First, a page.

It is important to know this because when it comes to assessing whether the Egyptian revolution can sustain itself as the governing elite begins the process of trying to construct a settlement that will allow them to retain as much of their old power as possible, it is this self-activity which is the revolution's greatest asset.
But to maintain self-activity, greater political organisation will be necessary. What can be sustained for a matter of days or weeks under the impulse of immediate struggles will require a more organised form if it is to last months.
In this respect it is worth noting that the revolution was not simply spontaneous as many, even among its participants, argue. There was in fact an interaction between conscious organisation and spontaneous response. A short review of the turning points of the revolution will underline this point.
Some have argued that the revolution ‘came from nowhere’. But this view is only supportable if you wipe out a decade of political development of the left in Egypt. When I first came to Egypt in the early 1990s the left was tiny and it was underground. They never met together, but in cells, and never openly. To meet them we changed cabs and only met in the coffee shops of the elite hotels on the basis that it would be the last place the secret police would look for a meeting of revolutionaries.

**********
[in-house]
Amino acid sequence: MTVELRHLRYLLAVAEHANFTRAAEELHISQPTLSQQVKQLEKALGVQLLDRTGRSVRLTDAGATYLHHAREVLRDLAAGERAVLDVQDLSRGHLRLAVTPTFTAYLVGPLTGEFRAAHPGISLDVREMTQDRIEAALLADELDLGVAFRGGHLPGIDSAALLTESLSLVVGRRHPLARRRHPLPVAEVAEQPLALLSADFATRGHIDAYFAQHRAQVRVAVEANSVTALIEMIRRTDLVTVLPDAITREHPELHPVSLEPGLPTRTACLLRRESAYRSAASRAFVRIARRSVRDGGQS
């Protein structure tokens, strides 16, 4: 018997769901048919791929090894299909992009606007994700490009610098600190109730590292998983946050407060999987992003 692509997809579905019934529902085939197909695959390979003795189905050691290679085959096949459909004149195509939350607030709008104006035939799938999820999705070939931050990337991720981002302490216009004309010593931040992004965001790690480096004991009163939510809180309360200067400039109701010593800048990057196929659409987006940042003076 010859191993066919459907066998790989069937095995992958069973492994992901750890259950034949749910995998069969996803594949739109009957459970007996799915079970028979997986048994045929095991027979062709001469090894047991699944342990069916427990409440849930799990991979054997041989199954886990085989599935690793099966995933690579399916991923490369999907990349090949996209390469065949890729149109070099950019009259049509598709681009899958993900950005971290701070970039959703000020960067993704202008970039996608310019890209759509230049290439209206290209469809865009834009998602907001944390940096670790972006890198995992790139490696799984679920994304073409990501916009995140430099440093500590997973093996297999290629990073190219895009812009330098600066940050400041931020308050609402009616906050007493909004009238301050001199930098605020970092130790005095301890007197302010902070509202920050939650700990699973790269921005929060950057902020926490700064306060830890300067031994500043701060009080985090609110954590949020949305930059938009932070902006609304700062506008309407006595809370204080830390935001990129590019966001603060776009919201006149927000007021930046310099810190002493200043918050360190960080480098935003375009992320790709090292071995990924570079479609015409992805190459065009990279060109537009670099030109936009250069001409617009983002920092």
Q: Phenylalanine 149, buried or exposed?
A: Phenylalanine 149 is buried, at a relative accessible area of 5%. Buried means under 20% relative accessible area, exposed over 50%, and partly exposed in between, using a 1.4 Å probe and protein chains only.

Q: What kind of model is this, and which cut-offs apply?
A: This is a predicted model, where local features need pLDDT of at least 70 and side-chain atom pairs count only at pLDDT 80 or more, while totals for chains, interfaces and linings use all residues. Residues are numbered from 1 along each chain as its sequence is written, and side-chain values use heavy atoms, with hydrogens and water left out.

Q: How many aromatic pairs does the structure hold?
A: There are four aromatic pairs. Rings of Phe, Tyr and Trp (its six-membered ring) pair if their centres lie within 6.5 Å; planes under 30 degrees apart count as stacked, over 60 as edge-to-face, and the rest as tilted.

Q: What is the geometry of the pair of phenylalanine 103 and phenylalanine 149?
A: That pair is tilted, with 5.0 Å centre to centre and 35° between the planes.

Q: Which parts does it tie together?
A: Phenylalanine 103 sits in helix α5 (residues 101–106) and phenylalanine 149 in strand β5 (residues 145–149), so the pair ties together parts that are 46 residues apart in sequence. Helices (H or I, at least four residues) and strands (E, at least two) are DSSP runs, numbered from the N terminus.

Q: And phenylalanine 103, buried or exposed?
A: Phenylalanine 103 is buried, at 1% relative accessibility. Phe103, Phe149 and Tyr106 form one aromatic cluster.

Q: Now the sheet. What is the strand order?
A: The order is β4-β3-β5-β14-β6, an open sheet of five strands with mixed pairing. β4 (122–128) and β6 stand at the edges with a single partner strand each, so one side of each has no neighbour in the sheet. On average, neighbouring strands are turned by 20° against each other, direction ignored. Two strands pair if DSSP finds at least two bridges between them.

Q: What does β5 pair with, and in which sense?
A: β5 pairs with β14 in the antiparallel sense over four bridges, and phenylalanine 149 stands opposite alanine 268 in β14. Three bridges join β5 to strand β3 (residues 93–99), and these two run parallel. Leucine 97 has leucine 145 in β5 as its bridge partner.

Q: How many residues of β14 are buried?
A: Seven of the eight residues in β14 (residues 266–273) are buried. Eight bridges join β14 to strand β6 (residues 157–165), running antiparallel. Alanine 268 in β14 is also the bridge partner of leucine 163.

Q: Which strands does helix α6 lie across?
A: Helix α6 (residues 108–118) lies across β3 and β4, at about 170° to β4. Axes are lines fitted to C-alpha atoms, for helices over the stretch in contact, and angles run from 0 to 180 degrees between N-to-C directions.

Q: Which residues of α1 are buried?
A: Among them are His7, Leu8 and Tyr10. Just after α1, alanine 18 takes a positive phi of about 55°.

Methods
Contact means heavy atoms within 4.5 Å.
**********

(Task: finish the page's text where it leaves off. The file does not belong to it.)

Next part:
All that changed after the solidarity movement with the Second Palestinian Intifada in the late 1990s. It changed again with the movement against the war in Iraq and the Tahrir Square Intifada of March 2003. The Cairo Conferences were one forum where the left operated semi-openly - although veteran revolutionary Kamal Khalil caused every camera in the conference to hurriedly pack up and leave, with some delegates, when he called for an end to the Mubarak regime at the second Cairo conference.
But by the following year everyone was doing it. Kifeyah, the democracy movement, was never powerful. But the fact that it existed at all was unprecedented. The growing number of strikes and the birth of some independent unions in the second half of the 2000s was another sign of growing resistance; so too was the election of Muslim Brotherhood MPs in the last but one election, the one before Mubarak clamped down and cleared any opposition out of even the rigged parliament.
So could anyone predict the exact scale and form of the revolution? No. Was it without precedents, coming from nowhere? No. Indeed, in an article in 2003 called ‘Waiting for revolution’, Marxist Tamer Wageeh made the point that Egyptian society was at boiling point, objectively ripe for revolution. But the subjective element was also crucial.